• davvid

    The author is correct. The Folk Museum building’s fate was sealed when the museum decided to situate itself as a thorn in the MoMA’s side.

  • arriven

    Shouldn’t a city like New York want to nurture diversity and uniqueness? Who cares if the building vaguely resembles that of a west coast design. This is New York f***ing City, where the world comes to meet (OK, yes there are for more diverse and int’l cities, but it’s all North America has so bear with me).

    If this thing is demolished for yet another glass cube I will be disappointed. Obscurity in a city is just as important as clarity. Personally I really love this building’s aesthetic. It’s monolithic face is minimal, easy to capture and iconic. A conglomeration of glass and aluminium will only make this block sink into the noise of the city. I say keep it standing and re-purpose its interior.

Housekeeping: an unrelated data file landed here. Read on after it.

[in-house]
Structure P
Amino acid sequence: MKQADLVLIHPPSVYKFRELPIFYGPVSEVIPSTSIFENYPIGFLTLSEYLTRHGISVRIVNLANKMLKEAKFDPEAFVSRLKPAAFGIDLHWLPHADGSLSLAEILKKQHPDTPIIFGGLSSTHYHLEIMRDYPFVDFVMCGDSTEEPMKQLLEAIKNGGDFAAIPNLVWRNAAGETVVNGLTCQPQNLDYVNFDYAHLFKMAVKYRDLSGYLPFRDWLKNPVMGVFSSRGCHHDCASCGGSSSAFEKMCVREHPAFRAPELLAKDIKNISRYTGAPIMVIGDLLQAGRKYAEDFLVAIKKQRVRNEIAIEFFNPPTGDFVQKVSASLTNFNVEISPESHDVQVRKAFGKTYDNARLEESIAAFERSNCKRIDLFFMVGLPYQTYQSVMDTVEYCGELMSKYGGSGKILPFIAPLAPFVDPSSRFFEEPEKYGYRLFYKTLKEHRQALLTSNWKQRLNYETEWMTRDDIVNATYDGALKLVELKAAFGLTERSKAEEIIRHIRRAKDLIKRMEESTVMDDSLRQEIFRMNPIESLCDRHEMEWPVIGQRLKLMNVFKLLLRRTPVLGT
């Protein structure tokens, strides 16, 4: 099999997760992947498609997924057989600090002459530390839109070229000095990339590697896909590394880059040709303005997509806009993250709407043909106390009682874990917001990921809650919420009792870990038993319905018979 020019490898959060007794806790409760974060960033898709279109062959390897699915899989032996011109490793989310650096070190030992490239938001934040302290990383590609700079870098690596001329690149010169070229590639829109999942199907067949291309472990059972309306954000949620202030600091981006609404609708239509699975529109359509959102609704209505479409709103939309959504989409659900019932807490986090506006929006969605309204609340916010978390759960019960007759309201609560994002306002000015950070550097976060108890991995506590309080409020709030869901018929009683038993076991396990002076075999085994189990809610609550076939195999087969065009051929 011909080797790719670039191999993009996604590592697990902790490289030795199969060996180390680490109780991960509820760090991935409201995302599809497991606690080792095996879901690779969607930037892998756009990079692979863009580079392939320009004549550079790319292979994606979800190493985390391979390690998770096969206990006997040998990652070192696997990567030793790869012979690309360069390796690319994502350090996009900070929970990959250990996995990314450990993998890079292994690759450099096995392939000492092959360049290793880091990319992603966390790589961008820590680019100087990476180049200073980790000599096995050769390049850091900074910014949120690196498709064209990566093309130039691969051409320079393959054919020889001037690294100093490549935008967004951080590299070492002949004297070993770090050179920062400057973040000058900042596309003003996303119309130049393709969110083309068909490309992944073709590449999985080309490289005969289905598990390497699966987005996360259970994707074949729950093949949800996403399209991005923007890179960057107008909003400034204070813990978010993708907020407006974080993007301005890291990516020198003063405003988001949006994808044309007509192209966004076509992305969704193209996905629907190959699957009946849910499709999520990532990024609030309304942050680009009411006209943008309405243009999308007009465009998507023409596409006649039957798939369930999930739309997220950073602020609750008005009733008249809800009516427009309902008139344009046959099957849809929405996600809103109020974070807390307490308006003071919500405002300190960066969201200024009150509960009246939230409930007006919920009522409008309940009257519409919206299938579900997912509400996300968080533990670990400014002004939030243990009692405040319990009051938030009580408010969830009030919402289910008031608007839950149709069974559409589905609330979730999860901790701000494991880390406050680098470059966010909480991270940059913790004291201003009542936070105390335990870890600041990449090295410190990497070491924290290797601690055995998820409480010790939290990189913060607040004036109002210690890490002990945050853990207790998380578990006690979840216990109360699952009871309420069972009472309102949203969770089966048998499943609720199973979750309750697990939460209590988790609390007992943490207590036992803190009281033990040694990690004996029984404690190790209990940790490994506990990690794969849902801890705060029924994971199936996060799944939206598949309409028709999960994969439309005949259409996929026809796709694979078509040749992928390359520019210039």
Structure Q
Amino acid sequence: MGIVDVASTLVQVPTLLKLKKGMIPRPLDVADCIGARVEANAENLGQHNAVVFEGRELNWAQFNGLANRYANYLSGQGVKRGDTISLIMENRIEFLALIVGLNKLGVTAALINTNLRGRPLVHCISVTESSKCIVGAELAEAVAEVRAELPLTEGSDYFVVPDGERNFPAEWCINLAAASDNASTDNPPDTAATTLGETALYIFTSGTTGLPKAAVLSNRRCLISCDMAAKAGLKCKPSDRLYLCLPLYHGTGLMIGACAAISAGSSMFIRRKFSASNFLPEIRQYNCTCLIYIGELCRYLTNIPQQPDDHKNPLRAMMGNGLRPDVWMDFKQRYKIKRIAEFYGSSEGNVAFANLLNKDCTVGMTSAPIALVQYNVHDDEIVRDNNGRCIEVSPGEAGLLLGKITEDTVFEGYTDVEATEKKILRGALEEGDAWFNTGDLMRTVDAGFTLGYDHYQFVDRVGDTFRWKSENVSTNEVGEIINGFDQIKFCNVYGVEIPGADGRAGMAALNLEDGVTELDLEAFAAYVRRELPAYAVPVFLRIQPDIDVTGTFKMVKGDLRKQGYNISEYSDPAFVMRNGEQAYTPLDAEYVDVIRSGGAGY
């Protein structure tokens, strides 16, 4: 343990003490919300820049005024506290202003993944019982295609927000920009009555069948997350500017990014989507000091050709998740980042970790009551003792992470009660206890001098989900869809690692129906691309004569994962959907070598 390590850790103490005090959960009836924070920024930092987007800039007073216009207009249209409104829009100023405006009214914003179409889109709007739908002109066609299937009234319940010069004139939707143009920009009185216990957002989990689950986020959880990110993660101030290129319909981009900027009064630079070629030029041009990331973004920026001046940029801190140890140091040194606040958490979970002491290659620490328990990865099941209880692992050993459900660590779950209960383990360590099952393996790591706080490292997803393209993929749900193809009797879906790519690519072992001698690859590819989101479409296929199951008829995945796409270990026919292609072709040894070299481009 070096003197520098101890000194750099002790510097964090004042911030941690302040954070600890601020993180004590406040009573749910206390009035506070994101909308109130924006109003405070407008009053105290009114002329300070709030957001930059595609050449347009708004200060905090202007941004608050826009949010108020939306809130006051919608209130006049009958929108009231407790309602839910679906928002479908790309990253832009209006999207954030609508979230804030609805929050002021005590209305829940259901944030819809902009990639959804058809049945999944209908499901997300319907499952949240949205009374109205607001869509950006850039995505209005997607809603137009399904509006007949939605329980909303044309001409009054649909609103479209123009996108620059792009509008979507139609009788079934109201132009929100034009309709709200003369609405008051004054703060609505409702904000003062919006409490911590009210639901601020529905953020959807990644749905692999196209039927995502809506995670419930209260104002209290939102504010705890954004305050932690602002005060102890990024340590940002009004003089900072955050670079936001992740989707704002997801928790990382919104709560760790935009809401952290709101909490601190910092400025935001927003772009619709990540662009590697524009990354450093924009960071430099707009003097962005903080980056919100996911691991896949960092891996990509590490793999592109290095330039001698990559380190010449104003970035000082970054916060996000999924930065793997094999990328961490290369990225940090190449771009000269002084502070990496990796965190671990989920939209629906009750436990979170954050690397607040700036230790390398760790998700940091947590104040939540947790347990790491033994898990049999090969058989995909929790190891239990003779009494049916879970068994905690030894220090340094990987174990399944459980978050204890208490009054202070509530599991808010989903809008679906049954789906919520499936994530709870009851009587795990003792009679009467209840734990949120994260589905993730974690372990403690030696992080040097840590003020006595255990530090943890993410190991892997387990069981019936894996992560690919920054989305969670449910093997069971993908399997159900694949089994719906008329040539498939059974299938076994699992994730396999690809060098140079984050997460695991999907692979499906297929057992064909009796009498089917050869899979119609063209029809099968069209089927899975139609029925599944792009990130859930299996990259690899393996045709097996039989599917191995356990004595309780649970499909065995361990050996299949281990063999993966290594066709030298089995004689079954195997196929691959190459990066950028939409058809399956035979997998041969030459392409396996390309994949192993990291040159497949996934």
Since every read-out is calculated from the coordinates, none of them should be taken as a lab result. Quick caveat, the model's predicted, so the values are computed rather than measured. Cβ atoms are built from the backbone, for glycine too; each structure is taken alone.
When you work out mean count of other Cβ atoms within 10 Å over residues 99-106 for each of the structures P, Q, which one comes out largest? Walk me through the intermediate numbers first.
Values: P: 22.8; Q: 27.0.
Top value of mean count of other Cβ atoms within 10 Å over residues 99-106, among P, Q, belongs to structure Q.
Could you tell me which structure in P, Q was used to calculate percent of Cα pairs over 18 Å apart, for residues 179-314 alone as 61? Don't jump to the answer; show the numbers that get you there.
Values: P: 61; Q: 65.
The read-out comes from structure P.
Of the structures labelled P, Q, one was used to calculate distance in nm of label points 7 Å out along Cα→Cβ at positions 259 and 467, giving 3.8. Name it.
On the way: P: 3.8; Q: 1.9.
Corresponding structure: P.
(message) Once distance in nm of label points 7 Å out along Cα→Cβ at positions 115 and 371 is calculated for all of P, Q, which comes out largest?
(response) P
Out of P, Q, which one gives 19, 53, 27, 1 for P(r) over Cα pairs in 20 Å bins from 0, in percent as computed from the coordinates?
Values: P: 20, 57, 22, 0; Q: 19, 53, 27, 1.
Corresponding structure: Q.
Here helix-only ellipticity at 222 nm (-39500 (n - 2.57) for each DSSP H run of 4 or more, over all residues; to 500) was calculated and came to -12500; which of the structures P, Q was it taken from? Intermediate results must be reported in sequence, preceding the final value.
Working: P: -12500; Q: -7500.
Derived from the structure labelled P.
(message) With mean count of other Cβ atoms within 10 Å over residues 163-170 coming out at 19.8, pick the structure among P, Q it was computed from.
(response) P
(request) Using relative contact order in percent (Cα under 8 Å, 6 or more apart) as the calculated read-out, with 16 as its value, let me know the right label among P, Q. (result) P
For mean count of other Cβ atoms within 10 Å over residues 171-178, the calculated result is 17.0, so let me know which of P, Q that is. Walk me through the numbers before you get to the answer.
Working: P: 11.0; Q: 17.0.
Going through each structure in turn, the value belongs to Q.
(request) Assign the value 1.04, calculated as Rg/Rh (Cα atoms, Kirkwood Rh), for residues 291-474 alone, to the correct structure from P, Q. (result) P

• Frank

    Aldo Rossi said;: ‘The history of architecture is the history of the architecture of the ruling classes’. If the economic model is decentralised and open, if there is freedom of entry, exit and information, the result is not diversity but rather homogeneity. Flexibility is synonymous with homogeneity as ambiguity is synonymous with transparency.

    As all ‘perfect’ markets converge toward monopoly in the long term, an architecture generated from similar principles will likewise exhibit similar characteristics. Its called a ‘Happy Meal’.

  • spadestick